Mercy is something that has long been a key element to living the Christian life. From the scripture we see that mercy, along with grace, were afforded us on the cross when Jesus gave His life for our sins.
We, however, have lost sight of what Christ did for us today. Too many times we neglect to offer the same to others when it comes to our own lives. Many of us are quick to judge others based on circumstances and situations, but are also quick to justify our own actions if facing the same judgement from others.
Why is it that we want to be offered mercy from others but have such a hard time granting the same? Truth is, if we look at the cross, we should all be willing to have mercy on each other. Christ cleared our debt mercifully on the cross, taking our place in so we could have eternal life.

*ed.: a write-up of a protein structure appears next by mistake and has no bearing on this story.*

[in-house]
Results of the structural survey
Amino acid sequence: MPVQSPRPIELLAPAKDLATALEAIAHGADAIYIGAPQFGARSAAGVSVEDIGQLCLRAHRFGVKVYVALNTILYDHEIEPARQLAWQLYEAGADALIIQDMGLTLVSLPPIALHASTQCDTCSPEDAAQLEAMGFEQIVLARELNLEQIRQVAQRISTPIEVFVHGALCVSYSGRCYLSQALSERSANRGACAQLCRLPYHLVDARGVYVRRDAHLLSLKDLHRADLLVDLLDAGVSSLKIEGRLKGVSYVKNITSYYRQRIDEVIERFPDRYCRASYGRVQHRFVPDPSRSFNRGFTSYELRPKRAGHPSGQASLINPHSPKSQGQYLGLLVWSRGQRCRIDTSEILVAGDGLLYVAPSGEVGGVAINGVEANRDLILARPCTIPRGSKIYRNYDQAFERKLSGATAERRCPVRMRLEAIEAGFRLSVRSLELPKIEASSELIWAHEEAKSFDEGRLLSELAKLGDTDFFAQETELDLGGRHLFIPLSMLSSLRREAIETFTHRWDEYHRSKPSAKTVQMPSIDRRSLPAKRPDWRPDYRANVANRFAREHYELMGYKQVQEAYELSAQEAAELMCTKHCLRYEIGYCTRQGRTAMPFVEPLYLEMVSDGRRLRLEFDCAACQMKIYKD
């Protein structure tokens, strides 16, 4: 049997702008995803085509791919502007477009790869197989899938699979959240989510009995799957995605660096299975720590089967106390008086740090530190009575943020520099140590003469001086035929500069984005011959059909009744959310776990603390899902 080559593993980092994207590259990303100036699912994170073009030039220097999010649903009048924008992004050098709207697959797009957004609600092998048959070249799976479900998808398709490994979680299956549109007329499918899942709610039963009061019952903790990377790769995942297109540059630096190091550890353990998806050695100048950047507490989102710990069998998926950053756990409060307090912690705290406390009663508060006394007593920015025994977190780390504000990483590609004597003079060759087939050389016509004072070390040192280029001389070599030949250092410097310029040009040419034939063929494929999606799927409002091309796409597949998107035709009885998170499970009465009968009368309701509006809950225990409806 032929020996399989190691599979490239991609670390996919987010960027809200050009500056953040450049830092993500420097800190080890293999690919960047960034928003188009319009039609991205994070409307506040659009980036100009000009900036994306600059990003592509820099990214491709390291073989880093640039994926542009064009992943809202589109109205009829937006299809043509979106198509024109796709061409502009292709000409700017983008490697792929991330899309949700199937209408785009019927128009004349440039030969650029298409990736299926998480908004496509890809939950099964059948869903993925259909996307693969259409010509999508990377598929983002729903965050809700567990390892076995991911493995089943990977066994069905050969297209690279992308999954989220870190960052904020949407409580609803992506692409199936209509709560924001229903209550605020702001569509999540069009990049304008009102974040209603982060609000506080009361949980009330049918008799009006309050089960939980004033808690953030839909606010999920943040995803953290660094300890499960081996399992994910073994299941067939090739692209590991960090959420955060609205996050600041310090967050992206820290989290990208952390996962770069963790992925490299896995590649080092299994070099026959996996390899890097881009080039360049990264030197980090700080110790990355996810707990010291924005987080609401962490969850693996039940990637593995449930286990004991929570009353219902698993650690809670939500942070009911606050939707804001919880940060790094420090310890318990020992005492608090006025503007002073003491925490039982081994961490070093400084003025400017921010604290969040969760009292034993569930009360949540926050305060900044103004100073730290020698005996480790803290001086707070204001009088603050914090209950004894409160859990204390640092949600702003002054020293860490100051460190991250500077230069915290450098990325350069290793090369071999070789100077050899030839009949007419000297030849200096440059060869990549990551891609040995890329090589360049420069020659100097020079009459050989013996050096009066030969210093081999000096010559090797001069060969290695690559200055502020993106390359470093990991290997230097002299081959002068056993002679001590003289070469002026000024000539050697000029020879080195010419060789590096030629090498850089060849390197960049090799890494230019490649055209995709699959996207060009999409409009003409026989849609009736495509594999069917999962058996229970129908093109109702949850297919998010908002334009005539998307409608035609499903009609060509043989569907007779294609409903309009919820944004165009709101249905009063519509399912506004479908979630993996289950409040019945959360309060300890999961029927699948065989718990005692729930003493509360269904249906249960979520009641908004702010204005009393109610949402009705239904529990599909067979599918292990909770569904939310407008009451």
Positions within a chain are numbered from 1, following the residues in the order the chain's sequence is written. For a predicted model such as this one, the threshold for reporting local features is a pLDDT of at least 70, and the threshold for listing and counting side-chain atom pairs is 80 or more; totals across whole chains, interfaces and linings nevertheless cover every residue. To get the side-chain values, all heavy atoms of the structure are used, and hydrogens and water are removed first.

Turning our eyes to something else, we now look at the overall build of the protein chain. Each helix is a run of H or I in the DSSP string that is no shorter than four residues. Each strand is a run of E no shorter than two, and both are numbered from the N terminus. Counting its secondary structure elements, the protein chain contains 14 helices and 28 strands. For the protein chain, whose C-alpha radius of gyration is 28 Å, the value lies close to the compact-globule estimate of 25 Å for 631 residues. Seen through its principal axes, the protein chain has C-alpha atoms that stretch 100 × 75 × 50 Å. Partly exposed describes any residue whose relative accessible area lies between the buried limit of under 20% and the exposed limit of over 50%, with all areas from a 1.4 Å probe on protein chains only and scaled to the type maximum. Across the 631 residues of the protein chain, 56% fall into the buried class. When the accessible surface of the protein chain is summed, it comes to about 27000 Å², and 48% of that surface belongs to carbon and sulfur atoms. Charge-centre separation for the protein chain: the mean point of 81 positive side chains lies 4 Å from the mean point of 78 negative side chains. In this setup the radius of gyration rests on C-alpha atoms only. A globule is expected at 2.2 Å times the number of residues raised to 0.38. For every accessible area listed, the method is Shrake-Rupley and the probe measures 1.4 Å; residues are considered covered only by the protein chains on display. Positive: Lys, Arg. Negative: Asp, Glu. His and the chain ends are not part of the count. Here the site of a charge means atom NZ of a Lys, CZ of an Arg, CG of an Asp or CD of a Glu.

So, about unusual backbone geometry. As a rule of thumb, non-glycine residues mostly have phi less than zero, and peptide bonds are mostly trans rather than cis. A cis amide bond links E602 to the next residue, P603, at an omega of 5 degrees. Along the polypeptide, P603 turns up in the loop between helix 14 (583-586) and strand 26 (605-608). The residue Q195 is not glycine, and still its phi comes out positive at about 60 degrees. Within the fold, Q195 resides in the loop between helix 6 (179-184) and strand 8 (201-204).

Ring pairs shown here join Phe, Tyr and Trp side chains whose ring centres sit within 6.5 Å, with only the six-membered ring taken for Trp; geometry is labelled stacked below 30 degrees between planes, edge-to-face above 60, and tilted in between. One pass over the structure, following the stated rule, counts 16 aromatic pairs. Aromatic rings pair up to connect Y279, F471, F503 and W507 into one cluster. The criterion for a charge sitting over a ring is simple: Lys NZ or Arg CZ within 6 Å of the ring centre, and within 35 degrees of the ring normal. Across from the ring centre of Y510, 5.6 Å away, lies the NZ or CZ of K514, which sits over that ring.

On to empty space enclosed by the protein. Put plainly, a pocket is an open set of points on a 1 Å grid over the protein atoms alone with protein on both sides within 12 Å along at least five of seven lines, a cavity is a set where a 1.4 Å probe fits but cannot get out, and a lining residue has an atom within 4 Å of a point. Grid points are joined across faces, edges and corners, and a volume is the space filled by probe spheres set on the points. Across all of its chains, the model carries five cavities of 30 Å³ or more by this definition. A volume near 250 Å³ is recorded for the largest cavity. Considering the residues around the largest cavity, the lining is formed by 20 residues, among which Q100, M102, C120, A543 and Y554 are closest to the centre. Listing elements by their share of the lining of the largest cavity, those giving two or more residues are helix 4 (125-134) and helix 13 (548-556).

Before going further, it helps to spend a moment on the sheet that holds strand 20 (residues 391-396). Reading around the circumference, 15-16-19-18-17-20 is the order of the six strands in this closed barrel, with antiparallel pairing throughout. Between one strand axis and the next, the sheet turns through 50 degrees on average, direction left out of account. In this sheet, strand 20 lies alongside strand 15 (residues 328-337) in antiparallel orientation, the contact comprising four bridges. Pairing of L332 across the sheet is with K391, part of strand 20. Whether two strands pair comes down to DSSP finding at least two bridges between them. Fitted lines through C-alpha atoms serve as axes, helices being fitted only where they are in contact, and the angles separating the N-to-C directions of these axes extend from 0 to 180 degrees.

John 3:16-17 tell us of this mercy in that Christ didn’t come to condemn but to save the world. Paul tells us of mercy and grace, “But God, who is rich in mercy, for his great love wherewith he loved us, Even when we were dead in sins, hath quickened us together with Christ, (by grace ye are saved;)” (Ephesians 2:4, 5 KJV).
Another verse that tells us how we should be freely giving with our mercy is found in Luke:
“Be ye therefore merciful, as your Father also is merciful.” (Luke 6:36 KJV)
So we see how God showed us mercy, and we also see that we are asked by Christ to also show mercy to others.
Today, I encourage you to exercise mercy to one another. Take the opportunity to look at controversy as a chance to exhibit the love and mercy that was shown to us on the cross. Let’s not be quick to judge, but quick to mercy, we may find that our merciful attitude is contagious.